Secret Marketer: Don’t underestimate the value of chemistry when you are choosing agencies

Fridays are usually the worst day of the week for me. It’s the day when everyone catches up on all their outstanding tasks from the previous seven days. I am usually inundated with emails, and required to produce various data and reports. And just as I can almost taste that first glass of wine at the end of the day, my inbox fills up with half a dozen large and important documents that the author submits just before they rush off to the pub.

This week was different, however, as we had a pitch – not for our main creative work but for a very important marketing specialism. Five agencies came to the office to present their thoughts in response to a hypothetical business challenge, as well as to convince us we could work with them for the next three years.

Our incumbent pitched, but so did four agencies I knew little about. Over the course of a very busy day, we saw some very interesting ideas, sights and styles. A bit like Simon Cowell on The X-Factor, I came away wanting the account director from the first agency, the strategy from the second and the ideas from the third.

Five agencies pitching is too many but this was a specialised field, and it was more about ideas and approach than anything else. That said, a member of my judging team did suggest we hire them all and divide the work between them.

The experience enabled us to see all the traits of a pitch. One agency failed to read the pitch direction and didn’t present a response to the business question, while another had a strong strategic response but were just so boring as individuals. One agency’s pitch was so compelling that we were initially sold on the idea, until we realised they practiced a ‘my way or the highway’ philosophy and there was no hope of us partnering with them. Finally, there was the agency whose proposed account director stayed silent, as the owner dominated the pitch.

At the end of the day, as we compared our marks, we realised that the votes were swung: the one agency that I liked, everyone else hated and vice versa. As such, we largely ignored the votes and instead talked about our chemistry with the agencies and their approaches. Soon it became obvious that one agency stood out for having the best understanding of our business. They also had the best account team, were a group we knew we could work with and had presented an interesting and fresh approach. The only question was why had they failed to present this to us over the past five years we had worked together?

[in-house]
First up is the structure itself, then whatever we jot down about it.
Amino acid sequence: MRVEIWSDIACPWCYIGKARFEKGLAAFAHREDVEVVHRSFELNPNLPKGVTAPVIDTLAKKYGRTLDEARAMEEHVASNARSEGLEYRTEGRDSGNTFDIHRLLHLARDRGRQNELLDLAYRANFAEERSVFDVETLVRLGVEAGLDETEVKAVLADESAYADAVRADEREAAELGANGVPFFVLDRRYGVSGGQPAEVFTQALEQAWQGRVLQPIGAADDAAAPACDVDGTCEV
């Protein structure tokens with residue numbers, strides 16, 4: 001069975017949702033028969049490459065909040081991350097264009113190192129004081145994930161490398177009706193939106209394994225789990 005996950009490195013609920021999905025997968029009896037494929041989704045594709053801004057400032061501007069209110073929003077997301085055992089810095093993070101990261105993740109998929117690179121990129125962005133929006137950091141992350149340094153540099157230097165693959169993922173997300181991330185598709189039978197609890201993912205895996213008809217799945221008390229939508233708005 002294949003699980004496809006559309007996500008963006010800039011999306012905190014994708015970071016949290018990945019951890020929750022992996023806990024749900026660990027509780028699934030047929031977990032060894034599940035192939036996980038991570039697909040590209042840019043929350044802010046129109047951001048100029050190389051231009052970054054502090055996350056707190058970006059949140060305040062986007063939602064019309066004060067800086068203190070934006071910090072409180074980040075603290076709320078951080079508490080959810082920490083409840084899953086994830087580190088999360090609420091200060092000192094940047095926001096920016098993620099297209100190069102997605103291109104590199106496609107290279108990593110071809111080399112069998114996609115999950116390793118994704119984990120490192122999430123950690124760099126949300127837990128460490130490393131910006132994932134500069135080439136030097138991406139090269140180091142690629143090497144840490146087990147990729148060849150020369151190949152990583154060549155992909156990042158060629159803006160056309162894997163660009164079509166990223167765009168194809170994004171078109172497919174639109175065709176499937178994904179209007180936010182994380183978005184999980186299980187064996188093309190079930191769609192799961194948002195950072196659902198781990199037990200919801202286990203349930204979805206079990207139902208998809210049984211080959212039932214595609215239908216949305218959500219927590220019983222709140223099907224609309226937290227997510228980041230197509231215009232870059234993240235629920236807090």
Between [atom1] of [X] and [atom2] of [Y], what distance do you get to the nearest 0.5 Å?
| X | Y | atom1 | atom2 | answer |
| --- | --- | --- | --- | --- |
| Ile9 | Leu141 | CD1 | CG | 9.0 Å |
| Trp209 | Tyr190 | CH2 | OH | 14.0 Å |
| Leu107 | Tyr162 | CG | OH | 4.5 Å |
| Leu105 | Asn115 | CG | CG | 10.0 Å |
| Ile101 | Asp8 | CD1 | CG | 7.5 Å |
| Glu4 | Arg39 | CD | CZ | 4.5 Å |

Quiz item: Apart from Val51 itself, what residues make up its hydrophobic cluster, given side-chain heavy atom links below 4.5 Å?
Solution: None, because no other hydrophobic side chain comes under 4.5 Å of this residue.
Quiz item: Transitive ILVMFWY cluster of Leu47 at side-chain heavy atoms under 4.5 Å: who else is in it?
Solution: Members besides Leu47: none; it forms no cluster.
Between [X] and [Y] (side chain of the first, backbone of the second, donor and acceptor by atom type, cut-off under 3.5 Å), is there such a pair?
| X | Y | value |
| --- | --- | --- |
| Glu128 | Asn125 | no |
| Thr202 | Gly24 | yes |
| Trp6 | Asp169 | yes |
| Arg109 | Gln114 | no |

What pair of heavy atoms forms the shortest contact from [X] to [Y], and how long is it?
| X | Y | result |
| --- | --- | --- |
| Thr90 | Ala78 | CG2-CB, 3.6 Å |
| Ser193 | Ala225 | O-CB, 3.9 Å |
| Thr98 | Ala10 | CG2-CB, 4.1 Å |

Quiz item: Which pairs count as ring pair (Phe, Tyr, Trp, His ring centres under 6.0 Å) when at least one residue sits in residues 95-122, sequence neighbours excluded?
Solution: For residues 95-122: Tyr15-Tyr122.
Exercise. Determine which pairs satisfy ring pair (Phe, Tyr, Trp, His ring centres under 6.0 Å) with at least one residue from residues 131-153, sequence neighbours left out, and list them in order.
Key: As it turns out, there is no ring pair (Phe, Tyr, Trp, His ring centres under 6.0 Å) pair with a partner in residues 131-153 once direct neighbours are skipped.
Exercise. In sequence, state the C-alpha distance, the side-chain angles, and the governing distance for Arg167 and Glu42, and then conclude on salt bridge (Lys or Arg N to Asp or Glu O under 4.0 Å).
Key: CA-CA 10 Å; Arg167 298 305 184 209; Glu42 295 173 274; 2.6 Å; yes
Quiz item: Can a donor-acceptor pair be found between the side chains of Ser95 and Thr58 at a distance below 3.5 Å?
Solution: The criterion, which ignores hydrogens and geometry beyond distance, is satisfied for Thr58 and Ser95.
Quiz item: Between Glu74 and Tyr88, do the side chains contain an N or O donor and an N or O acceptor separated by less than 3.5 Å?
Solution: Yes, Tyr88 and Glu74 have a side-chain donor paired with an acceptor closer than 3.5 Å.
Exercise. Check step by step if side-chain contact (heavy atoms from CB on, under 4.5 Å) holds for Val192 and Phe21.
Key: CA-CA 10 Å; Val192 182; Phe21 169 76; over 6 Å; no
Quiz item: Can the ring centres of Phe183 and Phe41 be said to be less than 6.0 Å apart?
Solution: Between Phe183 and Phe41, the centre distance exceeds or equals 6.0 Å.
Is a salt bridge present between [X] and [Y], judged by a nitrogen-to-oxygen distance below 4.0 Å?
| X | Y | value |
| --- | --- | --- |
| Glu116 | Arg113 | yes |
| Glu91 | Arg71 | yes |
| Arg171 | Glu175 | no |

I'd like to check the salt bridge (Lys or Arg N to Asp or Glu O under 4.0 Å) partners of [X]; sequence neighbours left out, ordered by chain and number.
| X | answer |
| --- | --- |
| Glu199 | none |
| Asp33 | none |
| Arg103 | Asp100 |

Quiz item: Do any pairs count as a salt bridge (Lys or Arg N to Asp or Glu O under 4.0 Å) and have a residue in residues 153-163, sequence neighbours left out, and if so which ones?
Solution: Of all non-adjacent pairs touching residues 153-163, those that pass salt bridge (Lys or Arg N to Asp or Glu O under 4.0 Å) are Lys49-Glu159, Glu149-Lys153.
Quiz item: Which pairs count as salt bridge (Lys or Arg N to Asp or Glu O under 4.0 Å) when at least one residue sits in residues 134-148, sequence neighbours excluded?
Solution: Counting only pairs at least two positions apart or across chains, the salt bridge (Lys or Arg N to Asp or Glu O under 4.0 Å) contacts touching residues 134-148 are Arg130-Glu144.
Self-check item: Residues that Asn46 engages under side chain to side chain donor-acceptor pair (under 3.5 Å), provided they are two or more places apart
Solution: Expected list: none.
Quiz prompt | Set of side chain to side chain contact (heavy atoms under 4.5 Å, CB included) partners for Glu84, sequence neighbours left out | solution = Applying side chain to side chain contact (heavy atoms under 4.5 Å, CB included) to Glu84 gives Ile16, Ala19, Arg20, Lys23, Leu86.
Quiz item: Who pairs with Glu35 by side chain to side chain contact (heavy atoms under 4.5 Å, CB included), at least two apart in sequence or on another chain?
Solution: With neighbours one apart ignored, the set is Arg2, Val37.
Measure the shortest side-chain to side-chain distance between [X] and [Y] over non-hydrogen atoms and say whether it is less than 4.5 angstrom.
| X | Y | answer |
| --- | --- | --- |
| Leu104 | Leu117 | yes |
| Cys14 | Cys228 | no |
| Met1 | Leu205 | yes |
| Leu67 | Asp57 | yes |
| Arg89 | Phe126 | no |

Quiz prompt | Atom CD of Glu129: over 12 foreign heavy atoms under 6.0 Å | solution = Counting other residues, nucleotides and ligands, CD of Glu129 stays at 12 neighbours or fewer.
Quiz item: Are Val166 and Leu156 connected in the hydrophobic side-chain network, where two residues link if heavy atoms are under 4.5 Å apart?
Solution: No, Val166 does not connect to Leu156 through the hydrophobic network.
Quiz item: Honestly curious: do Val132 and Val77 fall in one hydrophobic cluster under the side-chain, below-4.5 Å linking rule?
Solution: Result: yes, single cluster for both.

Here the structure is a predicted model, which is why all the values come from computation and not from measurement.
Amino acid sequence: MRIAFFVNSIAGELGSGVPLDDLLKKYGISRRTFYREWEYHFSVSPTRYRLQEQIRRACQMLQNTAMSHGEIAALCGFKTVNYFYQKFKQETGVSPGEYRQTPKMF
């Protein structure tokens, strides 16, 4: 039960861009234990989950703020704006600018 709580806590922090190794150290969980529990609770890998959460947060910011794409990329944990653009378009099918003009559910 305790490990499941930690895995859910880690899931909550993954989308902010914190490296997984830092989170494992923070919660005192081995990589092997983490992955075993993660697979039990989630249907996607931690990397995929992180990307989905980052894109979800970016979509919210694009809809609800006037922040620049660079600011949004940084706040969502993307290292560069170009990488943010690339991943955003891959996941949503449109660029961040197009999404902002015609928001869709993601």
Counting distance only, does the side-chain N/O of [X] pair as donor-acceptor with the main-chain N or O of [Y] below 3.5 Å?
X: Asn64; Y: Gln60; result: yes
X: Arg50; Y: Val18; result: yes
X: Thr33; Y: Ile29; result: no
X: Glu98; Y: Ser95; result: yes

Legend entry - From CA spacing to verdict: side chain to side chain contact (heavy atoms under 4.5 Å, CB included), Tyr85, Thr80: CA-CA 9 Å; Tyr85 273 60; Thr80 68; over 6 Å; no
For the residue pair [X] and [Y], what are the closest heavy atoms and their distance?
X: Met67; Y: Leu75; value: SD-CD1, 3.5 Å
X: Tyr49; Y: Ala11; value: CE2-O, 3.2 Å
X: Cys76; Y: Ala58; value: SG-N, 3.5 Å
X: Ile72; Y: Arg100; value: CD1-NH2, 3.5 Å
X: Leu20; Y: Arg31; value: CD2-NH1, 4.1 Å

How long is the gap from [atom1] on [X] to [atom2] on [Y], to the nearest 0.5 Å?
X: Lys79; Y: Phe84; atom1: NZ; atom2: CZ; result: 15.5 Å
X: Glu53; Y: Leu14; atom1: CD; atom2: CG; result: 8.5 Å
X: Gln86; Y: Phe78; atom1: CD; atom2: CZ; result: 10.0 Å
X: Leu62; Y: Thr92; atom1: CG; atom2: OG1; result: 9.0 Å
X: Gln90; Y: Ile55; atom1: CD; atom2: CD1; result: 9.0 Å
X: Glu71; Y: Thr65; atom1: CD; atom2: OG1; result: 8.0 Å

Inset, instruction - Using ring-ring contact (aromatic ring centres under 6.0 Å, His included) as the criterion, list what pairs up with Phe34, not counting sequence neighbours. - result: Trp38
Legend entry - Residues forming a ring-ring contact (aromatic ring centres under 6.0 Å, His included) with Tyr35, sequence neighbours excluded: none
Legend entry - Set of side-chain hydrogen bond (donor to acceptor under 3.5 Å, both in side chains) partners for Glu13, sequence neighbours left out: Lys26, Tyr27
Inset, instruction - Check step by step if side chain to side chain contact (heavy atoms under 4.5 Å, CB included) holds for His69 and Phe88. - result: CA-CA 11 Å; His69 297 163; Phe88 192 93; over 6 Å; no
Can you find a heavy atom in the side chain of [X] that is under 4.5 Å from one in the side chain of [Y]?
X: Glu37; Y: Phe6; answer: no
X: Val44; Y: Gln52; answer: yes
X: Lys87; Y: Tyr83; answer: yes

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  • Pininho 10 Nov 2015 at 11:15 am

    This is a fascinating article – thanks for sharing it. [Warning, the following is contentious].

    I have served in leadership roles both in a large Plc and a fast growth startup, and been through this exact scenario. Now am on the agency side and I see it too. The “Why didn’t you do this before?” is the question every incumbent dreads on pitch day.

    It’s clear the agency has some failing here, but the client in this situation needs to take a big chunk of the responsibility too (I include myself as a former client in this analysis).

    If the agency didn’t offer the right idea previously, it can only be for a few reasons:

    1) Agency didn’t have enough clarity on the brief, or were not getting clear feedback for the work they were doing (client’s responsibility).

    2) Agency’s best thinkers are reserved for pitch scenarios. Treating the annual planning effort like a pitch solves this (agency’s responsibility).

    3) Agency got lazy and started taking the client for granted (dual responsibility).

    4) Budget reasons (dual responsibility)

    That is one responsibility each, and two shared.

    I’m sure the Secret Marketer holds the agency responsible for their failure to solve this problem before. I wonder if they hold up a truly honest mirror, could they have done something differently to solve this problem earlier?

    Mark Pinnes, Deputy Managing Director, Flagship Consulting.

    • Secret Marketer 19 Nov 2015 at 1:31 pm

      Thanks Mark – and a fair challenge. I think my only defence is who is paying the bill? As a brand owner, I shouldn’t need to keep telling my agency to pull their socks up – they should be doing it anyway – it is what I pay them for. If we were a married couple, the blame might be more equal – but here there is a supplier/customer relationship, I think there is an onus on the agency to constantly check if they are hitting the mark, and to constantly strive for better. But I agree that we all get lazy sometimes, and it takes a pitch to wake the client up into what is out there… and the agency to have to think again about whether they have taken it all for granted… SM

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